• Thoracic spine and pelvis examination
  • Nerve pressure testing, When the Capri Length Lasegue Test When a raise test) is conducted, a result is typically not thought to be optimistic at altitudes of less than 25 or more than 60 degrees (and the degrees should be always reported).
  • Study of the lower extremities’ sensory and motor function with a focus on certain nerve roots.
  • Deep tendon reflexes.
  • If necessary, perform an abdominal exam, measure the circumference of the lower extremities, or check for other abnormalities of the lower extremities.
  • The hip should be examined for ROM, discomfort, deformity, etc.
  • Palpation of the distal pulses is part of the lower extremity vascular examination.

Spinal Cord Evaluation

Additional investigation is needed when the injury, epidemiology, or clinical condition points to a potentially serious injury. Among the many neurological tests for potential spinal cord damage are:

  • temperature, temperature contrast, deep pressure, and proprioceptive sensory function;
  • Strength testing;
  • Pathological reflexes and anal sphincter tone and/or perianal sensation are present.
  • According to the American Spine Injury Association (ASIA) impairment scale, spinal cord lesions should be categorized.
  • Spinal cord lesions should be classified according to the American Spine Injury Association (ASIA) impairment scale.

ASA Impairment Scale

Red Flags

Red flags are observations that suggest potentially significant and urgent medical issues. The review of the history and physical examination should include looking for warning signs. Acute fractures, dislocations, infections, tumors, increasing neurologic deficits or cauda equina syndrome, and extraspinal illnesses are a few examples of these observations or signs in the mid and low back.

The New York Mid and Low Back Injury Guidelines contain modifications in clinical management brought on by the existence of “red flags,” and further evaluation/consultation or urgent/emergent action may be necessary.

What our office can do if you have workers compensation History Taking and Physical Examination of Mid and Low Back Injury

We have the experience to help you with their workers compensation injuries. We understand what you are going through and will meet your medical needs and follow the guidelines set by the New York State Workers Compensation Board.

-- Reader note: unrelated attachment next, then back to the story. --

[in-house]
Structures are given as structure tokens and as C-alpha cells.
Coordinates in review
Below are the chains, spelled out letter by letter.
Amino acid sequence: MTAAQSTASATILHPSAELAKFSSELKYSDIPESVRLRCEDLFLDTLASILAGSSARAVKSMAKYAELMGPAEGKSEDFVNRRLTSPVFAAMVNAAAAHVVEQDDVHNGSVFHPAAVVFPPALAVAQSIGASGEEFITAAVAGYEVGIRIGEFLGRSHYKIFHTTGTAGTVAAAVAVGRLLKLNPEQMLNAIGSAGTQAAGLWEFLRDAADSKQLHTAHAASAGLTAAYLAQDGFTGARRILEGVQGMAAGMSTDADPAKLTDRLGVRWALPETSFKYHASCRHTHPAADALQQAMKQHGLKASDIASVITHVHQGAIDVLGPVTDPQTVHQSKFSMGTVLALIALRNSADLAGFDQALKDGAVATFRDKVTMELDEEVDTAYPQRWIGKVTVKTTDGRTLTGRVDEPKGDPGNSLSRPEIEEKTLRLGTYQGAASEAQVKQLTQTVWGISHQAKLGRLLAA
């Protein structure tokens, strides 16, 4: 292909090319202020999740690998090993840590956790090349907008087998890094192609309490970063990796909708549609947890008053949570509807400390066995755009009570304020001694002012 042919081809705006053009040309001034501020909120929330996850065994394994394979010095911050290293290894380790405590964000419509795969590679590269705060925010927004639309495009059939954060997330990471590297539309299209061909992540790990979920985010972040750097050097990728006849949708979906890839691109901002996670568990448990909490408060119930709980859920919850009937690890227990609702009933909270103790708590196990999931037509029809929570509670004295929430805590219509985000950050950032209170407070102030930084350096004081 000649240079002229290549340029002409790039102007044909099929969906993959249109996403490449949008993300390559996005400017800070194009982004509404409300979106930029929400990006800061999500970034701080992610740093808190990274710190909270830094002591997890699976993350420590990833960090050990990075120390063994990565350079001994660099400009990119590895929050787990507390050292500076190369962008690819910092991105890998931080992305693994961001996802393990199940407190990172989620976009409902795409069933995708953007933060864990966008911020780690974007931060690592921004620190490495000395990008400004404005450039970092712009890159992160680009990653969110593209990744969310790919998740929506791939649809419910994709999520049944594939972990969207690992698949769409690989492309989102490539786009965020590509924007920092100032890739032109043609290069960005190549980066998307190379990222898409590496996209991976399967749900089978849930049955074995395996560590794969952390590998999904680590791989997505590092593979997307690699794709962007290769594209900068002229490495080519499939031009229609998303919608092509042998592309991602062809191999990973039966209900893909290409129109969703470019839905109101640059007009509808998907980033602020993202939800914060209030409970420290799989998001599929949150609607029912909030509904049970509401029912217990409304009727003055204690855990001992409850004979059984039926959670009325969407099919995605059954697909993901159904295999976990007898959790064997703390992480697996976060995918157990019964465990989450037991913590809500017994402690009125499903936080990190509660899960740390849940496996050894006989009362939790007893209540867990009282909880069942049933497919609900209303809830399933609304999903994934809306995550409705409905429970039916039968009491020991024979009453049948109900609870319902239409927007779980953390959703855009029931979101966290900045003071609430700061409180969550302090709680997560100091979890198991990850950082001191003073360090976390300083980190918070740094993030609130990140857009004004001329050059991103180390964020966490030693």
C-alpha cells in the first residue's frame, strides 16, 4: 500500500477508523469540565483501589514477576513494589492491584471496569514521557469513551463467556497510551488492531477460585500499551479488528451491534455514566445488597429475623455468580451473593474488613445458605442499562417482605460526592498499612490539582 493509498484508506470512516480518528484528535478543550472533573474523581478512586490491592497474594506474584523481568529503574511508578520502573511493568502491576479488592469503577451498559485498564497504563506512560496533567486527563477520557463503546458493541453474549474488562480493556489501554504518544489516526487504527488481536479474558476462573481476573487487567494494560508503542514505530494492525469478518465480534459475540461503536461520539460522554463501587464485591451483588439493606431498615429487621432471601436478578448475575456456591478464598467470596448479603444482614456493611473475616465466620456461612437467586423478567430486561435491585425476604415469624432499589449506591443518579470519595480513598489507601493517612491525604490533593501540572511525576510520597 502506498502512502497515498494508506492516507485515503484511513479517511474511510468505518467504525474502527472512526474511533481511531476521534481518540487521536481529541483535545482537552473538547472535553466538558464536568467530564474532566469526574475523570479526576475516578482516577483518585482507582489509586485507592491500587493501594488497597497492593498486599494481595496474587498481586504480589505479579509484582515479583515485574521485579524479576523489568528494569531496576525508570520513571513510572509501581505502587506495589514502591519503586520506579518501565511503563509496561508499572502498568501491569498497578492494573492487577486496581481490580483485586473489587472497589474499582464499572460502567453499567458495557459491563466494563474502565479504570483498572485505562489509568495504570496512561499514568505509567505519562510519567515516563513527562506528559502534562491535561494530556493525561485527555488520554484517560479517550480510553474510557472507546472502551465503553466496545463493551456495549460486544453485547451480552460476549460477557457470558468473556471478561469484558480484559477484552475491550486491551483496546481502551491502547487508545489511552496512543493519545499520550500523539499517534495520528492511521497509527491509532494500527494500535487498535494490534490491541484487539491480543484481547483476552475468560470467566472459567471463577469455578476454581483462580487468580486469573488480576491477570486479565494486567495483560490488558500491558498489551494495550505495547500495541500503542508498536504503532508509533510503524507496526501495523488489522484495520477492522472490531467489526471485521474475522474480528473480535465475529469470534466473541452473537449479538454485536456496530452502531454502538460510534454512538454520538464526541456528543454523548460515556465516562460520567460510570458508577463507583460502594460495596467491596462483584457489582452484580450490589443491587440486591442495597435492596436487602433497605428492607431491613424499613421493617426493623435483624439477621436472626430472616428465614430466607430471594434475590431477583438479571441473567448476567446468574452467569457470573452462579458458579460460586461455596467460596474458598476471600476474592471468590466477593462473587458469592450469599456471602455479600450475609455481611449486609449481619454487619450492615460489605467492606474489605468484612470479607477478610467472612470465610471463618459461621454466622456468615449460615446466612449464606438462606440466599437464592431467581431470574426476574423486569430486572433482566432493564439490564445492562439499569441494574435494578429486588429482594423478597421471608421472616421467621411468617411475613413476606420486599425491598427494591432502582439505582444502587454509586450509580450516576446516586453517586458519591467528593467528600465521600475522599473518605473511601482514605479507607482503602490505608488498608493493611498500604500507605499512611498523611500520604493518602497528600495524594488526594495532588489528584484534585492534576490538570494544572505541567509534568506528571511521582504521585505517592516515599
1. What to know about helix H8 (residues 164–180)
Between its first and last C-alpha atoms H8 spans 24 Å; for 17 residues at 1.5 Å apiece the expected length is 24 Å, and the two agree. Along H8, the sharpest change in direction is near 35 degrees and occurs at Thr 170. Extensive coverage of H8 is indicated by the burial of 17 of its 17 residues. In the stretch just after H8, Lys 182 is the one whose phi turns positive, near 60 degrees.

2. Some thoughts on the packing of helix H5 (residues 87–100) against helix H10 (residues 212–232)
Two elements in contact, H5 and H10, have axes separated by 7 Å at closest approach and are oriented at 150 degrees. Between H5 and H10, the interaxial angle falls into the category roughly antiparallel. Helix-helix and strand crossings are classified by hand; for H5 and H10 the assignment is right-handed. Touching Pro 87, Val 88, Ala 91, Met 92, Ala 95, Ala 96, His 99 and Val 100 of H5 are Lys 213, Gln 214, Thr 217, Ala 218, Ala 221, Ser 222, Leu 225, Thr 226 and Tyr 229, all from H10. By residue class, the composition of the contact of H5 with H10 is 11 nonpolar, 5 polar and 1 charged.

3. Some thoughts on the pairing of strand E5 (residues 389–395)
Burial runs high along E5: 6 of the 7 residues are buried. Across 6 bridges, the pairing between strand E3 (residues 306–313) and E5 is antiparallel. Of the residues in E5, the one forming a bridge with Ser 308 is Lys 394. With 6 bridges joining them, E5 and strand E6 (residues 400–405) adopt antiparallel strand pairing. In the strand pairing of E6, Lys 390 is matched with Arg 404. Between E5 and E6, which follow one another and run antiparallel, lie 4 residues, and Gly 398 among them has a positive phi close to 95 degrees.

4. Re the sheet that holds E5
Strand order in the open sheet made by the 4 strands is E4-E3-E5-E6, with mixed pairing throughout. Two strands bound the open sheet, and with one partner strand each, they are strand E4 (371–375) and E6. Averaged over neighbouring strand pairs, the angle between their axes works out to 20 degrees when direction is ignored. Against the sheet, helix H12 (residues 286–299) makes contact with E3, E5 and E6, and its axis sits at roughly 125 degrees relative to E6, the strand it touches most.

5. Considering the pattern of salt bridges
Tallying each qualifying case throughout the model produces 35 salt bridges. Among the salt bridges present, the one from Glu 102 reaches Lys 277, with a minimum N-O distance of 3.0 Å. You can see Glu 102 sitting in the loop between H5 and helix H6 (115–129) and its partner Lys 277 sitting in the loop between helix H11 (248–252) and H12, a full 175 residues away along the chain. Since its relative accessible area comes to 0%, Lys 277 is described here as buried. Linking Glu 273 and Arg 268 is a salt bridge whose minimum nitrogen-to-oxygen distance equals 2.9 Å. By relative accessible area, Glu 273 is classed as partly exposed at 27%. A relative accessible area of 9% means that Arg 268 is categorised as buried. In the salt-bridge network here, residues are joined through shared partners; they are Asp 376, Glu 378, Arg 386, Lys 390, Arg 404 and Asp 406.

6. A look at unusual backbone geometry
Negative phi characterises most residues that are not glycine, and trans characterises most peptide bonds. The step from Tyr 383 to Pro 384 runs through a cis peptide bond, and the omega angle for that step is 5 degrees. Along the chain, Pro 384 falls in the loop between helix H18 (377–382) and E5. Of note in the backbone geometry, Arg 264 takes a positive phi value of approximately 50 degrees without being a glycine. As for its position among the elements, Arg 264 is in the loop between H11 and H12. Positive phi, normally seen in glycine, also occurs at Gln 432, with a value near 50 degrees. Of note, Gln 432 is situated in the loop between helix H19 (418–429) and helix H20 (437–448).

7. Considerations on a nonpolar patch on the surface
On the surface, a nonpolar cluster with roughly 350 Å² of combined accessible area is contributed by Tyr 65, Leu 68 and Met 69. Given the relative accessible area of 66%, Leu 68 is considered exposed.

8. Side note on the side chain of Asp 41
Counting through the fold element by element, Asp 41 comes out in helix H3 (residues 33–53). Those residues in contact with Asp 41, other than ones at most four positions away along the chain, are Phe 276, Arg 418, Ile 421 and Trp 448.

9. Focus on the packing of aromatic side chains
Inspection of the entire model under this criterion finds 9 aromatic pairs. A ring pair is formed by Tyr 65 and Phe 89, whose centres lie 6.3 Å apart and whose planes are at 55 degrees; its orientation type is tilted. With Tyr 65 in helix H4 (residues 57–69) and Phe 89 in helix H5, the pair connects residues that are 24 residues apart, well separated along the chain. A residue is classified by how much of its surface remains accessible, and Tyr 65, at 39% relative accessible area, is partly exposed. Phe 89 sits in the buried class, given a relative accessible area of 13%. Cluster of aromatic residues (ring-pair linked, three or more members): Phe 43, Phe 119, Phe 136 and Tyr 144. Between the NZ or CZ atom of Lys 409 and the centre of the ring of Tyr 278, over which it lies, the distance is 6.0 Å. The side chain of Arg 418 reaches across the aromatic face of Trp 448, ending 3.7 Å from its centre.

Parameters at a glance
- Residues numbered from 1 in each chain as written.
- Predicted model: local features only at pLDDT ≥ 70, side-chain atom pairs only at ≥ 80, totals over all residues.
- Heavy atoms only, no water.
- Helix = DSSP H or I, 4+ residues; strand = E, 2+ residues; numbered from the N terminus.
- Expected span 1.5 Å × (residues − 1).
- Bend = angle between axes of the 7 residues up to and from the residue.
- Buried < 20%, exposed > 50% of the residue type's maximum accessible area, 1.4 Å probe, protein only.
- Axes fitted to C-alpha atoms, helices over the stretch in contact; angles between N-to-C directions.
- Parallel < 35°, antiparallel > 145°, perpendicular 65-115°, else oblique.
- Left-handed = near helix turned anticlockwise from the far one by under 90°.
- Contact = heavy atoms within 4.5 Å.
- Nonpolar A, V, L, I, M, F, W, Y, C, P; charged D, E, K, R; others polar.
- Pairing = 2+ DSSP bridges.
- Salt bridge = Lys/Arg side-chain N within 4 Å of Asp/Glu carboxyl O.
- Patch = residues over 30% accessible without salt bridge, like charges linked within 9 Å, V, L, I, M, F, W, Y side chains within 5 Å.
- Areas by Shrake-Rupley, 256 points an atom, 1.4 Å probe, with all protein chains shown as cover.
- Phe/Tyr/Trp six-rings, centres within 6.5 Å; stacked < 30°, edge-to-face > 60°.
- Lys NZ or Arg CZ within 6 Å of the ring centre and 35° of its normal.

We understand the importance of your workers compensation cases. Let us help you navigate through the maze of dealing with the workers compensation insurance company and your employer.

We understand that this is a stressful time for you and your family. If you would like to schedule an appointment, please contact us so we will do everything we can to make it as easy on you as possible.

Disclaimer

Complete Orthopedics is a medical office and we are physicians . We are not attorneys. The information on this website is for general informational purposes only.

Nothing on this site should be taken as legal advice for any individual case or situation. The information posted is not intended to create, and receipt or viewing does not constitute, an attorney-client relationship or a doctor-patient relationship nor shall the information be used to form an legal or medical opinions.

You should not rely on any of the information contained on this website. You should seek the advice of a lawyer or physician immediately for more accurate information surrounding any legal or medical issues.

This information has been posted for informational and/or advertisement purposes only. You consent to these terms and conditions by using our website

I am fellowship trained in joint replacement surgery, metabolic bone disorders, sports medicine and trauma. I specialize in total hip and knee replacements, and I have personally written most of the content on this page.

You can see my full CV at my profile page.

[class^="wpforms-"]
[class^="wpforms-"]